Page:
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War (Strauss) and Peace (Connesson)

New York
Isaac Stern Auditorium, Carnegie Hall
02/15/2019 -  & February 9 (Naples), 13 (Washington), 2019
Guillaume Connesson: Eiréné
Ludwig van Beethoven: Piano Concerto No. 5 in E-flat Major (“Emperor”), Opus 73
Richard Strauss: Ein Heldenleben, Opus 40

Pierre-Laurent Aimard (Pianist)
Royal Concertgebouw Orchestra, Daniel Harding (Conductor)

P.-L. Aimard/D. Harding

“Richard Strauss was the first great realist in music.”
Ernest Newman

Newman didn’t like Strauss very much, so “realism” in music should be a vilification. And happily enough, that onetime 43-year-old wunderkind Daniel Harding didn’t take it too seriously last in night with the Royal Concertgebouw Orchestra.

This was the second performance here of Harding as guest conductor with the orchestra. (Due to...er...questionable behavior Daniel Gatti was let go a few months ago, so they are waiting for a permanent conductor.) This is still a great orchestra of almost unerring perfection, an orchestra which is so good that it cannot be characterized in a single word. We all supposedly know the “sound” of the Berlin or Cleveland or Vienna Phils, but the Amsterdam ensemble could only be called solid, immaculate, their artists execute what their conductors and composers want, and they do it without fuss, with meticulous artistry.

Mr. Harding is as immaculate as they are. Perhaps his players didn’t need those grand gestures, yet they added to the grand playing in the long run. Not perhaps their best grand playing, and I am happy that the two orchestral works last night were not Bruckner or Mahler, which might have been pallid.

Nothing was out of place or idiosyncratic in either the Strauss Heldenleben or a work by French composer Guillaume Connesson. At the same time, the colors were difficult to remember this morning after. And even the Concerto needed an abstraction (“excellent”, “masterly”) rather than a more singular adjective.

Perhaps Pierre-Laurent Aimard has too much greatness as a pianist to give that booming imperial power to the “Emperor” Concerto. Or perhaps his study with Pierre Boulez has led him to seek for the intricacies, the particulars of Beethoven rather than the gestalt wholeness.

No, this was not a fussy Beethoven. No Gallic nuances or subtle seasonings. Mr. Aimard is too fine an artist for that. In fact, the rolling piano introduction had a richness which promised an equally rich performance.

Instead, Mr. Aimard produced a façade of greatness. One could not fault those endless octaves, the nobility of the first-movement themes. One could empathize with the second movement solemnity and could internally smile at the Beethoven humor in the Rondo Allegro.

This was a more than respectable Fifth Concerto, played by a first-rank pianist, since Mr. Aimard’s understanding of music from every century is amongst the admirable in any concert hall. Nor do I doubt the pianist’s cerebral vision of Beethoven’s own conception. Yet personally, I wanted something more than a tidy, suitably heroic performance. No word comes to mind, but perhaps these ears were listening for something less inevitable, more urgent.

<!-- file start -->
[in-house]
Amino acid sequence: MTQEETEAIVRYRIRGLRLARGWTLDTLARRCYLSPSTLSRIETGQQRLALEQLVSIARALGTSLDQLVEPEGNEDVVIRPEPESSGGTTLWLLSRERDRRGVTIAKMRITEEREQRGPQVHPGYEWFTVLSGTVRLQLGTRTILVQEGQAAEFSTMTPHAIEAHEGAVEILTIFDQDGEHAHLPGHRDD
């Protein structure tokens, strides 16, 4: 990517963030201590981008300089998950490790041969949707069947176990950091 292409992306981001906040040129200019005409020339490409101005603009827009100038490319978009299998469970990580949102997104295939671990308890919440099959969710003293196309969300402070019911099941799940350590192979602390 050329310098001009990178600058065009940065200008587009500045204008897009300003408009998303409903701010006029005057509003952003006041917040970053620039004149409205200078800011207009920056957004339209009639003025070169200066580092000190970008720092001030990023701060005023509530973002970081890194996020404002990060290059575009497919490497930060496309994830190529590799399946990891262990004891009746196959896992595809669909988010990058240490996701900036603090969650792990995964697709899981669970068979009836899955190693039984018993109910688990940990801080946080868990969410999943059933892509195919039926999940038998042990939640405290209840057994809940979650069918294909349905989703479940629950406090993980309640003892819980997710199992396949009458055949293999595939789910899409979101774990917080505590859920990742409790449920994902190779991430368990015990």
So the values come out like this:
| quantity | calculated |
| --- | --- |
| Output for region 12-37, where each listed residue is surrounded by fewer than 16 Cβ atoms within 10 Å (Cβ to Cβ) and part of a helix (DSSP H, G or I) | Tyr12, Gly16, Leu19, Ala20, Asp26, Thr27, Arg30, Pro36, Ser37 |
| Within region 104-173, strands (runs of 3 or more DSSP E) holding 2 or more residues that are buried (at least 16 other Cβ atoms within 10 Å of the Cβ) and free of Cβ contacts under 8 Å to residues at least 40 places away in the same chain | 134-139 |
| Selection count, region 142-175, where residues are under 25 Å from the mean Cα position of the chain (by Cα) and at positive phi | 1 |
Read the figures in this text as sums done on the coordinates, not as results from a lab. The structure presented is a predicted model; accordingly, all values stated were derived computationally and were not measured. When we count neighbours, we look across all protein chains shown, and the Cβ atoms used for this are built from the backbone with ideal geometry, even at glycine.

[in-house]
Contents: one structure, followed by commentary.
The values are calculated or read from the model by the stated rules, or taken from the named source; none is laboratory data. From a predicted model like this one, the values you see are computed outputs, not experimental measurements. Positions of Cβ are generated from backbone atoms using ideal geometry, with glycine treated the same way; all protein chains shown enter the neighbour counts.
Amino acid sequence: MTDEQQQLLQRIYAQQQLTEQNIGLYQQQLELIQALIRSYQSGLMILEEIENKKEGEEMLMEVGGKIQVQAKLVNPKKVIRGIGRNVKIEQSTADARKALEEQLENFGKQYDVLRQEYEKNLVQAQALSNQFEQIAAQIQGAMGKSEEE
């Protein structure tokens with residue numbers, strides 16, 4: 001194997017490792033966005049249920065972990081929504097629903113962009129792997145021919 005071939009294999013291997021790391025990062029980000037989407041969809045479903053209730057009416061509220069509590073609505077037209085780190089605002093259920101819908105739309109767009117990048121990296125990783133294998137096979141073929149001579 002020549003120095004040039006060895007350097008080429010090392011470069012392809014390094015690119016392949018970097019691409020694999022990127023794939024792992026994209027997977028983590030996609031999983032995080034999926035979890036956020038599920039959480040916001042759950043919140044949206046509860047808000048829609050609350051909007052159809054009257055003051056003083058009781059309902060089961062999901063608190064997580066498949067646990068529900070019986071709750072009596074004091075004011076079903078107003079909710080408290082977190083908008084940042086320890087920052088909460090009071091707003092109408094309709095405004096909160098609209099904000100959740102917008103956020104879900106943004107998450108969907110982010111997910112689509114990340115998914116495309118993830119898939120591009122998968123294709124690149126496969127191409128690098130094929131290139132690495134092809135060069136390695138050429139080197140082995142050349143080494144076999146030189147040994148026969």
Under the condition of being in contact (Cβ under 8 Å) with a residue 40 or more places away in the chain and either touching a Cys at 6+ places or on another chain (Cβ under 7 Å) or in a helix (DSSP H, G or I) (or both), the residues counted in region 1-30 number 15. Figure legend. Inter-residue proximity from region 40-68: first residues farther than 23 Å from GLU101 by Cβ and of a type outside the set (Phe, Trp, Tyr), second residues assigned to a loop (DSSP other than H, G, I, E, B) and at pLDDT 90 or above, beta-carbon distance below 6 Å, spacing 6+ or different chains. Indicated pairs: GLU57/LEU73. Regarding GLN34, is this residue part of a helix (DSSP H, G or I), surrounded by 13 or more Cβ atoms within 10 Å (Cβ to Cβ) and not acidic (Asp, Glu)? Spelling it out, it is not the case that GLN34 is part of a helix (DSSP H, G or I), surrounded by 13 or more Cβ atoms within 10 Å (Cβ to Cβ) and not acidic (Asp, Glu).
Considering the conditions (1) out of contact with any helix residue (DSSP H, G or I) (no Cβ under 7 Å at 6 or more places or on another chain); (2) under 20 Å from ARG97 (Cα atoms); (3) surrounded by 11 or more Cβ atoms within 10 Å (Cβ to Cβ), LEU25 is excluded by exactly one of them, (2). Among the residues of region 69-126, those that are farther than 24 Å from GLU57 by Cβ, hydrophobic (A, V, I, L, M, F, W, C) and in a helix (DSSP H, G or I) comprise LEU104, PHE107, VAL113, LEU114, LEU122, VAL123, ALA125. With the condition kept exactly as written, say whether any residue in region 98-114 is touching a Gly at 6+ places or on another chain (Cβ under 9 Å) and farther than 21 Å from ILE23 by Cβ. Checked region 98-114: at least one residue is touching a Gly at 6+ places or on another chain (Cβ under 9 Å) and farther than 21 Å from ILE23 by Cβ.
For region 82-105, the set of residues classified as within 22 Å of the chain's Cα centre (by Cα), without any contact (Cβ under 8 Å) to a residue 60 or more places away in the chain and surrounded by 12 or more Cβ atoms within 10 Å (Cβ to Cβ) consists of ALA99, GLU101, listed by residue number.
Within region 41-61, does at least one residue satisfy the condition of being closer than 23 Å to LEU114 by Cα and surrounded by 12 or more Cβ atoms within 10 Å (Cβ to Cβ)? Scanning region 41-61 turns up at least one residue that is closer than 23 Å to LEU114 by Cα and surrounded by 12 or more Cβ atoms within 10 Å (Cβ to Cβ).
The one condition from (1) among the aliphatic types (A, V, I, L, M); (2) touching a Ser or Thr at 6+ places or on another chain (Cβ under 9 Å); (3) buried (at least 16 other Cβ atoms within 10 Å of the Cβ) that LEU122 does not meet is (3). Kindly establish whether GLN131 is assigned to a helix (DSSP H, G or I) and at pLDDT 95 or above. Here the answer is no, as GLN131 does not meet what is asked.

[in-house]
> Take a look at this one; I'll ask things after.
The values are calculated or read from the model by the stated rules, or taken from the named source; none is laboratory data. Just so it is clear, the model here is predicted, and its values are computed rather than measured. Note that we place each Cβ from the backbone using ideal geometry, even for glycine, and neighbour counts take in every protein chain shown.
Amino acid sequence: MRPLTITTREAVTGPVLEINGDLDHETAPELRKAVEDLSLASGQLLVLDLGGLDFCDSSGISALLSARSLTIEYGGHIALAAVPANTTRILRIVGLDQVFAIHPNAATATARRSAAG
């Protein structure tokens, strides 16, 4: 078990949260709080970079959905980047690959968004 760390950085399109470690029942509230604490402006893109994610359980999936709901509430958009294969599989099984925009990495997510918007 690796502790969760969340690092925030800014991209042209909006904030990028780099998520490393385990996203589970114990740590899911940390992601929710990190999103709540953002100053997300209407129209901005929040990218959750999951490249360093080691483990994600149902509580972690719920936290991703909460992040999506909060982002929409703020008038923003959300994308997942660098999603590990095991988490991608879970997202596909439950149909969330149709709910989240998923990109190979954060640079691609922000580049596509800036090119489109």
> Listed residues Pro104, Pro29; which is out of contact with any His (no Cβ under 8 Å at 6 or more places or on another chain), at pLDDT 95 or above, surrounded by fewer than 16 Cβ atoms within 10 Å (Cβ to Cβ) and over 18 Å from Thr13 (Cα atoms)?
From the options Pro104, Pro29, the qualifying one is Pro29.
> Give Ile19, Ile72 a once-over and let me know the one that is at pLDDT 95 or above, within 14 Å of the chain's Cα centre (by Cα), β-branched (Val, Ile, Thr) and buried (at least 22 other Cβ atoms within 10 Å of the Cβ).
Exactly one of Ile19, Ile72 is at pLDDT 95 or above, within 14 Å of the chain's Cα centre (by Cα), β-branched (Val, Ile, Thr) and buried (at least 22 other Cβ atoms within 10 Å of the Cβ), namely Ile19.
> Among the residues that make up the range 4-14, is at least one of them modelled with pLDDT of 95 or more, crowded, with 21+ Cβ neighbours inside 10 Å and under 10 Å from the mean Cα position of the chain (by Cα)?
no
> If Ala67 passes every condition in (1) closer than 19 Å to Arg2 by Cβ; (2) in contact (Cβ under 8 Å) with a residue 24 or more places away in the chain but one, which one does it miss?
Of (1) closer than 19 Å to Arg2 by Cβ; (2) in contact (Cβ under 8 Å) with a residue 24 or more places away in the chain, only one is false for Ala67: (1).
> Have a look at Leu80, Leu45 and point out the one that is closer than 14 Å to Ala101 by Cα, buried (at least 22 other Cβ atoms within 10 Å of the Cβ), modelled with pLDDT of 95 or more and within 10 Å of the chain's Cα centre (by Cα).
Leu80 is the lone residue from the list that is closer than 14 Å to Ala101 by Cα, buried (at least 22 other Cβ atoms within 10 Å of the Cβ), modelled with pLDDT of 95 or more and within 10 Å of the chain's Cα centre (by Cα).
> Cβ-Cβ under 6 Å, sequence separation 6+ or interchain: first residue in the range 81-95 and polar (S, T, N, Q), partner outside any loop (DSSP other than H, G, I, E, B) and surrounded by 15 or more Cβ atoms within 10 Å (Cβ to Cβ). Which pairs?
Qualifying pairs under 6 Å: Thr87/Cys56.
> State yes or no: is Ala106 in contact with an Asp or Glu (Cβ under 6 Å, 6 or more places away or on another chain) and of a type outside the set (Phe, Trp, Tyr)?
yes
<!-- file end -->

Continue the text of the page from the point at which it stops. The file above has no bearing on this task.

Mr. Harding and the Royal Concertgebouw Orchestra were at their urgent best in Richard Strauss’s purposely autobiographical Hero’s Life, conveying Ernest Newman’s “Realistic” flavor. Which leads to a certain guilt.

Heldenleben with the Sinfonia domestica and Alpine Symphony are analogous to a box of Belgian Chocolate Truffles I received for Valentine’s Day. They were delicious as sin, their inner and outer coatings as injurious to the body as their pleasure was healthy for the soul. Simultaneously, how could anybody possibly resist such flavors, such spicy sweetness?

As in Heldenleben.

Music is a different language, it isn’t verbal “realism.” Yes, Telemann composed realism as a joke, Beethoven momentarily imitated Janissary bands. But Strauss was the literal realist. His offstage trumpets were the enemy approaching, his hero’s “works of peace” were his own past compositions, his wife’s imprecations were duplicated in a solo violin. And instead of implying his contempt for the critic Doktor Derhing, he literally spoke the name with a pair of tubas!

Yet, like the Belgian truffles, the music is absolutely irresistible. His war scene is ferocious, the violin solo is as gooey as chocolate. And the last notes of Heldenleben are as emotionally affecting as any finale.

Mr. Harding didn’t read this as story-telling. Until the last two sections, he conducted with a speed, a volatility, an almost inflamed insistence. The conductor relaxed fractionally to allow Concertmaster Liviu Prunaru’s violin portrait of Strauss’s wife. My score has the composer describing her as “nagging” amongst other adjectives. It was a oil painting, even if the oils were sometimes rancid.

As for that finale, this was the Royal Concertgebouw Orchestra at its most glorious, most resplendent. If a concert must have an apogee, this was it.

Roman reproduction of Greek Eiréné/G. Connesson

The opening was a New York premiere of French composer Guillaume Connesson’s Eiréné (The Greek/Roman goddess Irene.) Within its mere ten-minutes, Mr. Connesson had created a tri-sectioned work of quietly whirling strings, of anthems and chorales, a work which breathed conservative harmonies, fragilities and crystalline colors. One imagines that, had Debussy lived another few decades after his Jeux, he might have written such a work. Except that Debussy was always several spheres above his titles. Mr. Connesson’s paean to the Goddess of Peace, with a dedicated performance, had the flow of nature, and a muted song of the earth.

Harry Rolnick



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